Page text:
SHANGHAI: Chongqing city is turning to developed eastern China, hoping to find highly skilled professionals - particularly those with masters or doctoral degrees - to help build its economy.
"Skilled talents, especially high-tech players, are key to the development of Chongqing and other areas of the west," Xiao Zuxiu, vice-director of standing committee of Chongqing People's Congress, said in Shanghai yesterday.
Xiao said Chongqing, located on the upper reaches of the Yangtze River, will offer housing and salary incentives.
Details of the incentive policies are being drafted, Xiao said.
China's less-developed western regions, whose development is a national goal, have long been plagued by a shortage of highly skilled professionals who historically haven't been keen to relocate to the west because of the poor living and working conditions there.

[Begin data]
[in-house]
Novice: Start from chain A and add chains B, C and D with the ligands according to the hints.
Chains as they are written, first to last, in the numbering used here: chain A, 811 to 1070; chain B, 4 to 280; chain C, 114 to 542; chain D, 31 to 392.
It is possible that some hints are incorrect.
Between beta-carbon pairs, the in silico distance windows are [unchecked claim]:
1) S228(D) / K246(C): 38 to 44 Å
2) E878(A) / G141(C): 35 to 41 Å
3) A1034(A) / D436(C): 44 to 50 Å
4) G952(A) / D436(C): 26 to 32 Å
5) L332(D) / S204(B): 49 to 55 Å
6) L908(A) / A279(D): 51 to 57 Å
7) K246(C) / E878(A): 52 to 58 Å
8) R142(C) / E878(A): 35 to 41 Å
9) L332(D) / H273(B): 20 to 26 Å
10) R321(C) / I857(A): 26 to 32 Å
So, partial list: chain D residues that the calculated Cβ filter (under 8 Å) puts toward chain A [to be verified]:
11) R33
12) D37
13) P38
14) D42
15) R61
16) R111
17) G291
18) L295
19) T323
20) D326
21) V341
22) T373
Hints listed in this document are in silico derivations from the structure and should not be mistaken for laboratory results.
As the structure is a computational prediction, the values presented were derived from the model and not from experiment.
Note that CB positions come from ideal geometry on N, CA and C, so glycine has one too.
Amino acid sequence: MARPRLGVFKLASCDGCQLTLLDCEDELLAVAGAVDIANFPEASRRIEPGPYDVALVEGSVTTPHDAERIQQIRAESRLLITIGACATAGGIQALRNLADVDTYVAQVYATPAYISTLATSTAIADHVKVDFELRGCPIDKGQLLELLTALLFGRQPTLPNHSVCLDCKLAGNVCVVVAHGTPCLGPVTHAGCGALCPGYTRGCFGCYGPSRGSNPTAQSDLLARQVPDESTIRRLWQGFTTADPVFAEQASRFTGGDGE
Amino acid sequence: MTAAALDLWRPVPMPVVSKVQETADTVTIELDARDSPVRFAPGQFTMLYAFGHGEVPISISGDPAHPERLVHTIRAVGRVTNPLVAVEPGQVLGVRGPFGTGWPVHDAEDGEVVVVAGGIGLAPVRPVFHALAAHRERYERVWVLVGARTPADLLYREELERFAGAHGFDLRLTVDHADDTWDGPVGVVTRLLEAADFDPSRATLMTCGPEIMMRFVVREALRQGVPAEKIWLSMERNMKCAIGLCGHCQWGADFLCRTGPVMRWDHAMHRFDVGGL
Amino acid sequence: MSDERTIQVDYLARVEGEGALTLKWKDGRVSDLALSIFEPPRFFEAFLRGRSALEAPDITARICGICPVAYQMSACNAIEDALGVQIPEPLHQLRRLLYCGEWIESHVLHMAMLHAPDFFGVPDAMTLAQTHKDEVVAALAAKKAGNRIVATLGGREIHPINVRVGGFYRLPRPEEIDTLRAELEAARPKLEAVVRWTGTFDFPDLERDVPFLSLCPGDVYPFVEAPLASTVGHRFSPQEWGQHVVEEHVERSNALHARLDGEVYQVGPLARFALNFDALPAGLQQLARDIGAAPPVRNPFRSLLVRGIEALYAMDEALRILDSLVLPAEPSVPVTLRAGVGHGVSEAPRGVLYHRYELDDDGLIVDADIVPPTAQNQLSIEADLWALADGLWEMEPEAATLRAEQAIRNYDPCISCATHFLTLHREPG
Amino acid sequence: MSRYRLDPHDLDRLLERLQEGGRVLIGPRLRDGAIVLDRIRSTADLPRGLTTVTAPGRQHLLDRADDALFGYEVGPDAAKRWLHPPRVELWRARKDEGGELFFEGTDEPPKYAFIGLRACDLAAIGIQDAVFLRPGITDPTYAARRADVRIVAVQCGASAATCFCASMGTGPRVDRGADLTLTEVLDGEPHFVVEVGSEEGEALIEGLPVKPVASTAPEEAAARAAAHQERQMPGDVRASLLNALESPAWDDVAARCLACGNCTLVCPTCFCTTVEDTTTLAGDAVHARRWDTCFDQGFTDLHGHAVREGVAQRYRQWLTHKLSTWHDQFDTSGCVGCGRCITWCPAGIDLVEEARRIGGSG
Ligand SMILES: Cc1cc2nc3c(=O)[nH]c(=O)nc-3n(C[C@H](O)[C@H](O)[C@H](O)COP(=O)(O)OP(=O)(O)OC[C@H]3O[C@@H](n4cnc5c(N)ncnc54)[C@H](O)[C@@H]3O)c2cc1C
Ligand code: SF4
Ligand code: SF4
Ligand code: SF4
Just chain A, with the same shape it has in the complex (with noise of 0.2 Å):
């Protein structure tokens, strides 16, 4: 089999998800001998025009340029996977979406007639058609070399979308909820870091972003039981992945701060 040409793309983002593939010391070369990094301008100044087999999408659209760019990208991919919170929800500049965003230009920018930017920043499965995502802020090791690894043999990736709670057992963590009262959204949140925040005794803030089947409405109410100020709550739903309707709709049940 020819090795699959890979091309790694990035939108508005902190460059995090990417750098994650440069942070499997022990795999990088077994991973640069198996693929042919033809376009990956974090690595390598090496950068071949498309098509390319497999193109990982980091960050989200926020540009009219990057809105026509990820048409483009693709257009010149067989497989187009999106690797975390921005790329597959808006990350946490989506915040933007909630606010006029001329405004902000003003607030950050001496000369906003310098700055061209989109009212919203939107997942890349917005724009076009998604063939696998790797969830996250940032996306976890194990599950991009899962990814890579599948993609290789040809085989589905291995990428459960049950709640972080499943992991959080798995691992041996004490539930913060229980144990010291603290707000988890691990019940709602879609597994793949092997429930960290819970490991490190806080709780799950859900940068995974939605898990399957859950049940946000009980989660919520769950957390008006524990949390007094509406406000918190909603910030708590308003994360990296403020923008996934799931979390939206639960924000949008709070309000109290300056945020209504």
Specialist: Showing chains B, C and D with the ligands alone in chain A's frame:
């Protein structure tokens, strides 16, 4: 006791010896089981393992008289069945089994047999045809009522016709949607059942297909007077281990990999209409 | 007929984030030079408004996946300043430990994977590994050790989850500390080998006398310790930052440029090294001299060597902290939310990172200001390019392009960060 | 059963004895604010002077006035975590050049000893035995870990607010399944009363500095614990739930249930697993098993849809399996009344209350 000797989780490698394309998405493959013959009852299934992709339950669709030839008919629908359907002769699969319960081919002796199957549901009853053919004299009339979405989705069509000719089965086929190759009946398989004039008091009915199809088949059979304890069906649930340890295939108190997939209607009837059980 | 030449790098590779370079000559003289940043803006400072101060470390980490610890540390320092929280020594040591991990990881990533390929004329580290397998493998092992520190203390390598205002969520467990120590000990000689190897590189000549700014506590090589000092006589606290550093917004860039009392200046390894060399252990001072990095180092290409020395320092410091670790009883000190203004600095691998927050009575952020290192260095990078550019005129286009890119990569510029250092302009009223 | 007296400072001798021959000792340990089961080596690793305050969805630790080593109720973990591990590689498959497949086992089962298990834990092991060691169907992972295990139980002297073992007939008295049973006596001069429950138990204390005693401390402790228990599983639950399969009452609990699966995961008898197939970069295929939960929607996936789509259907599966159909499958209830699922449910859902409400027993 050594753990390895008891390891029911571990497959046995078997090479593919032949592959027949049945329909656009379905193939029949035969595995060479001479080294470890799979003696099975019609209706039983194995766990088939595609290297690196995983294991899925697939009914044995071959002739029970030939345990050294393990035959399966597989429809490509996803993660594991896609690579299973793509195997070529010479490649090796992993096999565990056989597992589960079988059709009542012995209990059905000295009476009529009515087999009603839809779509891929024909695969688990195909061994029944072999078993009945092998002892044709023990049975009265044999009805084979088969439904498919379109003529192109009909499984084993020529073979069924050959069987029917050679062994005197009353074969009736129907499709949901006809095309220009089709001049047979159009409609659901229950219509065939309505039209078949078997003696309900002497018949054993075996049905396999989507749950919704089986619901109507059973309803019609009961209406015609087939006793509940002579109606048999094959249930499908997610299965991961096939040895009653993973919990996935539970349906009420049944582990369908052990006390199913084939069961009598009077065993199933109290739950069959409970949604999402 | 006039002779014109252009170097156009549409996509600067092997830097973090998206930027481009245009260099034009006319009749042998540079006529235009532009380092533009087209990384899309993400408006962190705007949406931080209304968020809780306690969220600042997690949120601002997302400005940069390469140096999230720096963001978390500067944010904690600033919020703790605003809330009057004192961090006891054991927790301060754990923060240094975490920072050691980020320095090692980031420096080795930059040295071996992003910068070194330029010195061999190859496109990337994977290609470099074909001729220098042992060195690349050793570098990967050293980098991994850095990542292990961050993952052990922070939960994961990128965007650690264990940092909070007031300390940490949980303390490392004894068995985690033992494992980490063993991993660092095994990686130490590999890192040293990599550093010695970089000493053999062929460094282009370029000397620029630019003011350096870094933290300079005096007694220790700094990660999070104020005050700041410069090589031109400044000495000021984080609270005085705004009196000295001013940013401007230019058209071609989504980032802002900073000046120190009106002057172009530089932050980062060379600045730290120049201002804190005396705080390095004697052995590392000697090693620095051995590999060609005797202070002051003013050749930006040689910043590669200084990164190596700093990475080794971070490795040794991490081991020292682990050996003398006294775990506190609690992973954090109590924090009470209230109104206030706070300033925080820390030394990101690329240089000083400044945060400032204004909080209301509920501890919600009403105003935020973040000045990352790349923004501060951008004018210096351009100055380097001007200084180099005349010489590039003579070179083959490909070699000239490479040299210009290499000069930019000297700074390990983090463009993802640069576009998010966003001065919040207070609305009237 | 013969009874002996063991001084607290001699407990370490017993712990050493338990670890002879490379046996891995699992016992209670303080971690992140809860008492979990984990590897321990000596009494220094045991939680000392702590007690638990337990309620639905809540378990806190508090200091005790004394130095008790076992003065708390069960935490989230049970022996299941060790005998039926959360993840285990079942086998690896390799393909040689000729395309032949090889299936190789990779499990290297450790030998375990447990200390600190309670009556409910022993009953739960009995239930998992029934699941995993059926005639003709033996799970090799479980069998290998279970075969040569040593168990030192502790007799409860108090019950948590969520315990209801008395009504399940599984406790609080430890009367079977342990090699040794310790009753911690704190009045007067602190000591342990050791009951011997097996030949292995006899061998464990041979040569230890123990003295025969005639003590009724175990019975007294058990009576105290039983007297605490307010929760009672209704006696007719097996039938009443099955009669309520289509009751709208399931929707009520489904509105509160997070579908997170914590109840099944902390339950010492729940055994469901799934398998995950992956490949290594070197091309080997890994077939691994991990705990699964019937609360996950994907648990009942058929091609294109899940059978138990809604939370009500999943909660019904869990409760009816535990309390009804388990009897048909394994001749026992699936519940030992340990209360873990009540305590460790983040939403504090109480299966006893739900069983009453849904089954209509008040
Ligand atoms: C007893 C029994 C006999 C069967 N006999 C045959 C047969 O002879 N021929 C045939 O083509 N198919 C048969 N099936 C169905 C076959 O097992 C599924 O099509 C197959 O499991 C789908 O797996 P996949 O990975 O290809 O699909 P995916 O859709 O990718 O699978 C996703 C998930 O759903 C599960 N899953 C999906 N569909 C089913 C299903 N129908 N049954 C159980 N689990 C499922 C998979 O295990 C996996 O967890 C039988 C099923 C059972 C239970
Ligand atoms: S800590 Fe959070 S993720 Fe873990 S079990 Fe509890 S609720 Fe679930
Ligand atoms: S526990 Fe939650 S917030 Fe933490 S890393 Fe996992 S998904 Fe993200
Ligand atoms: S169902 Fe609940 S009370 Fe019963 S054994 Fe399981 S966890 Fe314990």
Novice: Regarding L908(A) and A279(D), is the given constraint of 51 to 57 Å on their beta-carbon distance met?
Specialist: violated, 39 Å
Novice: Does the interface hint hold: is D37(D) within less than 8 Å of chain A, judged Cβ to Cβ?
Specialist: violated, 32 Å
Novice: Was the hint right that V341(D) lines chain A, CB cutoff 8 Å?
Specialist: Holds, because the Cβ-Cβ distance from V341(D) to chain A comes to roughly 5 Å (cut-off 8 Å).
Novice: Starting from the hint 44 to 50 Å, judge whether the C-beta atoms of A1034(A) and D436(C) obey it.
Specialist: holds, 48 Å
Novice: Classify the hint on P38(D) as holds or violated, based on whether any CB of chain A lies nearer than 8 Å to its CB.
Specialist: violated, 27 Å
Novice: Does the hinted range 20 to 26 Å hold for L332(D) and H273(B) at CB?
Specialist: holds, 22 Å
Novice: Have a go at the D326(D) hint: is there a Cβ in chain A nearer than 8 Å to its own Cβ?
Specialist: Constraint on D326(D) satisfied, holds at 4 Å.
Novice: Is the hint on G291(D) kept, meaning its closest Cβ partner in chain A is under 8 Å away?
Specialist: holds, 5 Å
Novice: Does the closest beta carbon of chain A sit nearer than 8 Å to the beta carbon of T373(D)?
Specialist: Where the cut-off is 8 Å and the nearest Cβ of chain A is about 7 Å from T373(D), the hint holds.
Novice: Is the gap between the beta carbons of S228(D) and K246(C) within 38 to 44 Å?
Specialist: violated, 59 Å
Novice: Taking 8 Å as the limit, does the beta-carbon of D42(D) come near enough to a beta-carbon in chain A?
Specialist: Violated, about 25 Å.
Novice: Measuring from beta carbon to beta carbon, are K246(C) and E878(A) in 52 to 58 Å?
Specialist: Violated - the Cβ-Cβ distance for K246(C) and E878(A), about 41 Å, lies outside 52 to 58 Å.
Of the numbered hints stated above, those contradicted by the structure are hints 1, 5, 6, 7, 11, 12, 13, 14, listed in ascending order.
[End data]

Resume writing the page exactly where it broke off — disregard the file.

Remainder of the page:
In a related development, Chongqing's universities will be getting more government funding in an effort to increase the local talent pool, Xiao said.
Chongqing now has 25 universities and colleges. There are nearly 100,000 students in local universities and professional schools.
Xiao urged Shanghai-based enterprises to establish links with Chongqing.
"Investment in Chongqing and other western regions will help Shanghai enterprises to expand their market share into the inland regions," he said.
Xiao's call comes at a time when the Shanghai business community already appears to have that sentiment. Shanghai businesses have opened more than 70 enterprises in Chongqing in such areas as transportation, real estate, environmental protection, education and retailing. The investment now totals 1.7 billion yuan ($204 million).
Shanghai appears committed to invest more in Chongqing's infrastructure and service sectors, the development of the Three Gorges Dam areas and the resettlement of people displaced by the project, which is under construction.
Xiao said Chongqing has much to learn from Shanghai, particularly its high-tech development, enterprise restructuring and corporate management.
He said Shanghai has abundant funding sources since it is China's financial and banking centre and that Chongqing should encourage those funding sources to establish businesses in the city.
Chongqing's profile was strengthened in 1997 when it joined the ranks of Beijing, Shanghai and Tianjin as a municipality directly under the central government.